Thanks again, and any other suggestions as how to get this wretched thing out would be appreciated!
 

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"..... is it safe to put the boot back on the plug and drive the car, with the PB on it?
I don't see why it wouldn't be okay. Might want to blow off as much of it as you can with compressed air, if you have it available, before attaching the boot. Will likely smoke for a bit, but shouldn't cause any damage.

Probably not a bad idea to take it to a pro if you can't get it to budge. Ruining a plug hole on the back side could get mighty costly.

Here is a tid-bit of info I picked up on another forum I frequent. Can't vouch for it's credibility, but would like to know if anyone has toyed with it. Here goes:

Machinist's Workshop magazine actually tested penetrants for break out torque on rusted nuts. Significant results! They are below, as forwarded by an ex-student and professional machinist, Bud Baker.
*Don't forget the April 2007 "Machinist's Workshop" magazine comparison test.*

*They arranged a subjective test of all the popular penetrants with the control being the torque required to remove the nut from a "scientifically rusted" environment. *

Penetrating oil ..... Average load*

None ............ ......... 516 pounds
WD-40 ............ ...... 238 pounds
PB Blaster ............ . 214 pounds
Liquid Wrench ..... 127 pounds
Kano Kroil ............ 106 pounds
ATF-Acetone mix....53 pounds

*The ATF-Acetone mix was a "home brew" mix of 50 - 50 automatic
transmission fluid and acetone.*
*Note the "home brew" was better than any commercial product in this one
particular test. Our local machinist group mixed up a batch and we all
now use it with equally good results. Note also that "Liquid Wrench" is
about as good as "Kroil" for about 20% of the price. *
*Your experience may vary, etc., etc. :dunno:
 

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U can take a wad of raw cotton soaked in whatever solvent U like and stuff it onto whatever part U are trying to break loose and let it sit o/night or longer. A heat/cold cycle can help, too. I've used carb. cleaner + WD-40 when I don't have PB or some other stuff.I have always had better luck w/ PB than Liq. Wrench.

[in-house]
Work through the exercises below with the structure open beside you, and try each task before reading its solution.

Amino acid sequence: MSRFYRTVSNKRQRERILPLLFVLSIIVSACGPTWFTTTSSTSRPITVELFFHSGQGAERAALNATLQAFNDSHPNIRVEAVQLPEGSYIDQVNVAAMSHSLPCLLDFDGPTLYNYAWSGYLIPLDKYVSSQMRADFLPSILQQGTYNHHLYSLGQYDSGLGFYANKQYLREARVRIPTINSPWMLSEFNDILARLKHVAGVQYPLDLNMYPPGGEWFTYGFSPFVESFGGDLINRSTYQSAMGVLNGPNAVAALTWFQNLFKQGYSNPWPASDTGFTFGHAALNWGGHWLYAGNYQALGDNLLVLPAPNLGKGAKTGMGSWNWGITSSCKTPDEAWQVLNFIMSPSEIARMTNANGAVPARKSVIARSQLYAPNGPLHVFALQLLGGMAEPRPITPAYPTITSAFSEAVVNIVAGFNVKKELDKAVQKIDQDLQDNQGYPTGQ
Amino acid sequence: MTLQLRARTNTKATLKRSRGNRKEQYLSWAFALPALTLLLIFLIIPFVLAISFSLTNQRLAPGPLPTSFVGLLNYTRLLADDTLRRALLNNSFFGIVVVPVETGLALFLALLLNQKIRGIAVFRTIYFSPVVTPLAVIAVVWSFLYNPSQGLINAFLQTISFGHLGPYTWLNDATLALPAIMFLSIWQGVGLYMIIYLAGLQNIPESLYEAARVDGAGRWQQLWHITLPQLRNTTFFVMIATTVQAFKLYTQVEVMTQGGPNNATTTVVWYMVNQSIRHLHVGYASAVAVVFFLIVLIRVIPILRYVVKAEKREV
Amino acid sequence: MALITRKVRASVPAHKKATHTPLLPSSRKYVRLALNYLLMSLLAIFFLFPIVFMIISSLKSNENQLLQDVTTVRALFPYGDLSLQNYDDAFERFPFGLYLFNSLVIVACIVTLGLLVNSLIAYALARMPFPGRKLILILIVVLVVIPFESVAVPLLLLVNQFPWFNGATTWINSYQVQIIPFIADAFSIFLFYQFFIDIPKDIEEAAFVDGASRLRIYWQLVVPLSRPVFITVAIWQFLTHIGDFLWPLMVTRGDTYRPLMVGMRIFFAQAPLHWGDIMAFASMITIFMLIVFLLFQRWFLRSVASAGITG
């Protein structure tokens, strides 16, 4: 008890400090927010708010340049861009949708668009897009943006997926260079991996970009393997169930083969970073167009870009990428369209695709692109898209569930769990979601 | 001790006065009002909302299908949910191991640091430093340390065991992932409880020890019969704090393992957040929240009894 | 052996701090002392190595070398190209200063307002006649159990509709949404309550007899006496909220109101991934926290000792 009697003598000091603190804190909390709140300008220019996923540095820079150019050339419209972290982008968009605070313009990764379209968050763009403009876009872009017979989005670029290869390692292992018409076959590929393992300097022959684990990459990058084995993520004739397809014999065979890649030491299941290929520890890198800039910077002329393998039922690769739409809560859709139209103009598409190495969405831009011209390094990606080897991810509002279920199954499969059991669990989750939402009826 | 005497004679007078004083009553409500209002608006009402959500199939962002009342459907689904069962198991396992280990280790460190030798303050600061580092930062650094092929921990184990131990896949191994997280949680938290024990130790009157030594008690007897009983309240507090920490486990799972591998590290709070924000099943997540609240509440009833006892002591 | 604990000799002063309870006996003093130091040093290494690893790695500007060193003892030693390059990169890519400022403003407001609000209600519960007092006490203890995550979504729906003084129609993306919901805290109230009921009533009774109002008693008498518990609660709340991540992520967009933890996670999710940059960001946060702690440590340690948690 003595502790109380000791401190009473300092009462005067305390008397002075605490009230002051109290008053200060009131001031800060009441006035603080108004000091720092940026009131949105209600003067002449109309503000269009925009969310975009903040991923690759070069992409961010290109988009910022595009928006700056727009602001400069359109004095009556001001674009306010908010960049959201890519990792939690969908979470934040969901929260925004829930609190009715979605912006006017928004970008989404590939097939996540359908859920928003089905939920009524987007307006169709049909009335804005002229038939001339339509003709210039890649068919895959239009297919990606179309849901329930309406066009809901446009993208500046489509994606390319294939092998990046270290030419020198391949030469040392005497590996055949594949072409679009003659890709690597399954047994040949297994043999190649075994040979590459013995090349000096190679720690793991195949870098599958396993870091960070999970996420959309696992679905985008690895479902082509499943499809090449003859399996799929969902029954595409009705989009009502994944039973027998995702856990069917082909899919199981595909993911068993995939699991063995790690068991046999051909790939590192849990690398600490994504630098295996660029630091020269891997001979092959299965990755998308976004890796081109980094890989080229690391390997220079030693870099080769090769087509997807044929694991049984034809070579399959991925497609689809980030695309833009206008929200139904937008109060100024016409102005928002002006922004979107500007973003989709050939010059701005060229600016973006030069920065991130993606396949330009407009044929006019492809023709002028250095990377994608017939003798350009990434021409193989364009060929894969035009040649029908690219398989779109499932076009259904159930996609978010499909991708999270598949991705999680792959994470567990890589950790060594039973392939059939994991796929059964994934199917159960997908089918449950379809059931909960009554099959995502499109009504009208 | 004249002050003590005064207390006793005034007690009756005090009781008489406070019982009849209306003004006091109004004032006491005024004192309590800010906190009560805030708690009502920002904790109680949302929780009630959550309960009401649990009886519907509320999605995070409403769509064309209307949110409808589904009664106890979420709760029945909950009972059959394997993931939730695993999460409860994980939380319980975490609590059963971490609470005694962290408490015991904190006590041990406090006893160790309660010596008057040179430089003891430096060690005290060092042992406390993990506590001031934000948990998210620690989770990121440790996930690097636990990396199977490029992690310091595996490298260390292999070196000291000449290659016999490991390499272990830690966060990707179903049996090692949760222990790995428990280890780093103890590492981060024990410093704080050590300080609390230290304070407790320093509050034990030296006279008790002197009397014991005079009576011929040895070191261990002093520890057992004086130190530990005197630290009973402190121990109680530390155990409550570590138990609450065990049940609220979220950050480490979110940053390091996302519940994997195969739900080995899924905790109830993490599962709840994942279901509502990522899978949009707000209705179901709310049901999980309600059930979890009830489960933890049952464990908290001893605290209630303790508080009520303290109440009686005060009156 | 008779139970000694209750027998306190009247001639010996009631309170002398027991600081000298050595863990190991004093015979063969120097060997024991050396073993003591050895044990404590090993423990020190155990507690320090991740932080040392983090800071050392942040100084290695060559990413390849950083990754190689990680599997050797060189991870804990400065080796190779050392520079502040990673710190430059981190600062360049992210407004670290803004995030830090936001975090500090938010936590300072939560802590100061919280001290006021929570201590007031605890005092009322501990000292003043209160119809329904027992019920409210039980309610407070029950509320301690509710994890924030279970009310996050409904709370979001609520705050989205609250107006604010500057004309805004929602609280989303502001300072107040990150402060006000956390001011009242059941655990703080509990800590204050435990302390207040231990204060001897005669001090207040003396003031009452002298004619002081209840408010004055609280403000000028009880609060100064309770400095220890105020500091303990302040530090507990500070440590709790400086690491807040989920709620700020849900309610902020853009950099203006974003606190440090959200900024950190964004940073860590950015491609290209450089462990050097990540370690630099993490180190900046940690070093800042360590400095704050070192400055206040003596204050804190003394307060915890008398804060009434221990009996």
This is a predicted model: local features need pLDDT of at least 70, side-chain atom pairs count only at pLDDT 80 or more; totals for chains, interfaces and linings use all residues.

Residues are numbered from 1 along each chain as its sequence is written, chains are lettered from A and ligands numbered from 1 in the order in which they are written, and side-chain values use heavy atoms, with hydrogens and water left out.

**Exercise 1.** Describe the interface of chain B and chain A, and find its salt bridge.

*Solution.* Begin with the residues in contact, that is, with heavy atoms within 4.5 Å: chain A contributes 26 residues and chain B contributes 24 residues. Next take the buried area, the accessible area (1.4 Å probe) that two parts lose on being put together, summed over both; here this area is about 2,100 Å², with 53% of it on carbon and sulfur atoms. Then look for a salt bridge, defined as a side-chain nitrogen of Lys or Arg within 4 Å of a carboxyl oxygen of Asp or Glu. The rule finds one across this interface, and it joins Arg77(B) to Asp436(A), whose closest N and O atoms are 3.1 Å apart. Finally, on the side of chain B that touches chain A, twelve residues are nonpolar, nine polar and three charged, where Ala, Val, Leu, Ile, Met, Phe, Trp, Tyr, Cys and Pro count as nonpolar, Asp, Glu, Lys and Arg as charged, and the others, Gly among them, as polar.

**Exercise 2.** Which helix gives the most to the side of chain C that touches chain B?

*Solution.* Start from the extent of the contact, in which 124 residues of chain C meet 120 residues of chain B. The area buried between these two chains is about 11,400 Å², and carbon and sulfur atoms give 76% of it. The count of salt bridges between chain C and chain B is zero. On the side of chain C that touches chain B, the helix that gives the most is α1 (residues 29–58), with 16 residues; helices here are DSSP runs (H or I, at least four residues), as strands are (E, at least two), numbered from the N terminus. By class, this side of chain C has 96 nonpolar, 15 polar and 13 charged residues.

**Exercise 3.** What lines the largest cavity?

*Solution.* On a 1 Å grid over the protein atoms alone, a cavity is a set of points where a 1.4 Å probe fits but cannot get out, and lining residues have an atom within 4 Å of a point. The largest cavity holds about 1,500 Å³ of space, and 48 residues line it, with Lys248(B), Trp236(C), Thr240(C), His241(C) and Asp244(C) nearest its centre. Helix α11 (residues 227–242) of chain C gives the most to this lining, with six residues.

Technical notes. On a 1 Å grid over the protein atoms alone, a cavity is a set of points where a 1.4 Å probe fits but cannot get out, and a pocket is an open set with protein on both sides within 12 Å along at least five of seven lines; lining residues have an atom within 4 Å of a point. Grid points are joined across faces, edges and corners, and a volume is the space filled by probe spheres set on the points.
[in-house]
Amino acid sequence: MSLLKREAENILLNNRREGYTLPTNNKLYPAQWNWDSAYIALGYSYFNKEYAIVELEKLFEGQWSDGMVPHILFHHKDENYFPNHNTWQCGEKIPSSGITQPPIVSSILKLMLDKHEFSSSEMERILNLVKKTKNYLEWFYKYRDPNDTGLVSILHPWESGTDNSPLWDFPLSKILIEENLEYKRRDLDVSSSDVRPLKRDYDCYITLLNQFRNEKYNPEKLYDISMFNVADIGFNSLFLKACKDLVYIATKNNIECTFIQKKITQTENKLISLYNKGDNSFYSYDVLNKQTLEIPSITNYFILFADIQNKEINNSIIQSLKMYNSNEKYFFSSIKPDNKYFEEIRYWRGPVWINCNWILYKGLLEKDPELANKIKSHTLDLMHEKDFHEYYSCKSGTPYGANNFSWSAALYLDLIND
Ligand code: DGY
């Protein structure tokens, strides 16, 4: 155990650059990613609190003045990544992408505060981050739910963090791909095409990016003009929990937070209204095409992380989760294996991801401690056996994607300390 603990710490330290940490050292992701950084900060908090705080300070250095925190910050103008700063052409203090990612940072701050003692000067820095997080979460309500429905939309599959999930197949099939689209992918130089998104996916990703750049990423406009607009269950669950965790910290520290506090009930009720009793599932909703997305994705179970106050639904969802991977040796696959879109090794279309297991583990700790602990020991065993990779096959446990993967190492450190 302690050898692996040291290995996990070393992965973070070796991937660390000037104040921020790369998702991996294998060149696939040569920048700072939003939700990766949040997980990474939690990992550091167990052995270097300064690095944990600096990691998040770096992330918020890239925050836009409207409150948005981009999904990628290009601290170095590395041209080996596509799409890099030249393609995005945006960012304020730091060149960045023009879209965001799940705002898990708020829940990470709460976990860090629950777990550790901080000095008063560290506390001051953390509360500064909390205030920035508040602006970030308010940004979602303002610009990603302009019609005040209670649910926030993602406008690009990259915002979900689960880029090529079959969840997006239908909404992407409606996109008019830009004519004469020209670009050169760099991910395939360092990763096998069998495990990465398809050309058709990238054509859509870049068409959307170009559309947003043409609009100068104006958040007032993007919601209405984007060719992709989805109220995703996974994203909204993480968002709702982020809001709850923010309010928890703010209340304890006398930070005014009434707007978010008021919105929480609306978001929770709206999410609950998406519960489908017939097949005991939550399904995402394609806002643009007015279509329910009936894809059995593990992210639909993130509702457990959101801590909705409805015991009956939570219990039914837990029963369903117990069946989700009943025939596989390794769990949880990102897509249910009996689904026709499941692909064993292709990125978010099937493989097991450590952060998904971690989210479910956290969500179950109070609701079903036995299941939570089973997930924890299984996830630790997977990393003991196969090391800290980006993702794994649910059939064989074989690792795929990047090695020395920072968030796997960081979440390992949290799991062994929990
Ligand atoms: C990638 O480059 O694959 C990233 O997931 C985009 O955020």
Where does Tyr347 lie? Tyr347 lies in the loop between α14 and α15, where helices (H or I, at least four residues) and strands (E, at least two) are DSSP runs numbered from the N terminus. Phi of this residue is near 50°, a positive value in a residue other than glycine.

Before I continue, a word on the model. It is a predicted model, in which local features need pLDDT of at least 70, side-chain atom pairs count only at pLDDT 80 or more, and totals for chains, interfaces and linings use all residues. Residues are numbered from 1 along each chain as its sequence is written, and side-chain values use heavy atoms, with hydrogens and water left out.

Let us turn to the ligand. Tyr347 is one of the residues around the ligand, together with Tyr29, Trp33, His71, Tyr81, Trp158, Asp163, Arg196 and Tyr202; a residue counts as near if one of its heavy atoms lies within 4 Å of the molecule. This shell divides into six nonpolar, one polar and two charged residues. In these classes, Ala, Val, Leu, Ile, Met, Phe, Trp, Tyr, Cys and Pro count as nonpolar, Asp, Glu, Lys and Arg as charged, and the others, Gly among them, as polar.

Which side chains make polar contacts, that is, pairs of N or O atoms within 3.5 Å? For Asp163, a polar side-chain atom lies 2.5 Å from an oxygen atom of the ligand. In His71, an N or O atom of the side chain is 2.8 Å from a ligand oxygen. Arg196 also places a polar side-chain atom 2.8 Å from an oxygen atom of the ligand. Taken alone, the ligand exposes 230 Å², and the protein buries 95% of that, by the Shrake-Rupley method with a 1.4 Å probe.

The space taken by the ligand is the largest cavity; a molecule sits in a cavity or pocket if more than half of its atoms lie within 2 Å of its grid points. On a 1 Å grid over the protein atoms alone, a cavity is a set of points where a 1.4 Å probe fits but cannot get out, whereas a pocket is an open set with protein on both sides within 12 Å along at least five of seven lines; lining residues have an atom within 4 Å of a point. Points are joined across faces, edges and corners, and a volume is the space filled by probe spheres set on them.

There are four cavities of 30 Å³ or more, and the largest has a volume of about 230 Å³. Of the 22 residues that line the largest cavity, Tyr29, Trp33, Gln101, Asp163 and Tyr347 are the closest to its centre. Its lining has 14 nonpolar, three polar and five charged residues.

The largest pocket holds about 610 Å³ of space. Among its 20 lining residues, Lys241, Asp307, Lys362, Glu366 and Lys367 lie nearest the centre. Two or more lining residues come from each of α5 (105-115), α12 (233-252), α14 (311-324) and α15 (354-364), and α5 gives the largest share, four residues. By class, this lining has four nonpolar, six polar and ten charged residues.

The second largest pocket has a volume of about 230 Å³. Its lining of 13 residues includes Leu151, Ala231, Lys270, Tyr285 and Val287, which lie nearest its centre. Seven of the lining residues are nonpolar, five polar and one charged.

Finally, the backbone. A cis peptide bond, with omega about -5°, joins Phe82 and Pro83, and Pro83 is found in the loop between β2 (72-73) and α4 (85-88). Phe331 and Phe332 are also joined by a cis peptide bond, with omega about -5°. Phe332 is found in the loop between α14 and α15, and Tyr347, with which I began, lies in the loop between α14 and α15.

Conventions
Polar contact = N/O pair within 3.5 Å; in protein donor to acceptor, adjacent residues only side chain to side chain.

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Discussion Starter · #10 ·
The PB being > Liquid Wrench is the general consensus I've found by google-creeping. I have soaked the #4 in PB and I'm going to let it sit tonight and see what I can do.

@arkanDan thanks! I went ahead and re-attached the boot and ran the car for a bit to make sure it wouldn't spontaneously cdmbust. it likes to play practical jokes on me quite a bit as it is.

Also, I'm using just a standard ratchet (socket wrench, what-have-you) with a 3/8" drive 5/8" spark plug socket... would there be a better tool to loosen it? Would I have more luck with a breaker bar or torque wrench?

I know I'm SUPPOSED to be using a torque wrench anyways to tighten the new plugs properly, but money is tight so I went with the old "tighten to finger-tight then go 1/16th of a turn further with the ratchet" deal. Or just tighten it until light to medium pressure won't go any further.

But what do you think? breaker bar? torque wrench? SLEDGEHAMMER?! >< Sorry, this has got me rather agitated.

Thanks again for all the input, guys. =)
 

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I can't think of any instance where I would use a torque wrench to remove a fastener or plug. A breaker bar would be the "weapon" of choice, but with these new vehicles you have to sometimes be creative. A ratchet with a "cheater" pipe on the handle will work if it is a good quality wrench. If it isn't good quality you may destroy the wrench and do yourself some bodily harm in the process. If you can avoid using a "U" joint in the process that would be a good thing. Sometimes it is unavoidable, but then you run the risk of breaking off the plug. I guess that isn't all bad either as it will be replaced anyway. A torque wrench to install is good, but not absolutely necessary. 11 lbs. ft. is the torque for the plugs in my sable, but not sure what it is in the Vulcan, probably the same or close to it. The finger tight plus a sixteenth turn sounds like it should work. Much luck to you.
 

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Discussion Starter · #12 ·
By "cheater" pipe, what exactly do you mean? Sorry for being such a newb.

And yeah, the spark plug socket I bought is attached to a u-joint that I can't remove. Re-invest in a straight-on plug socket...? I think there should be enough hand room back there to go straight on.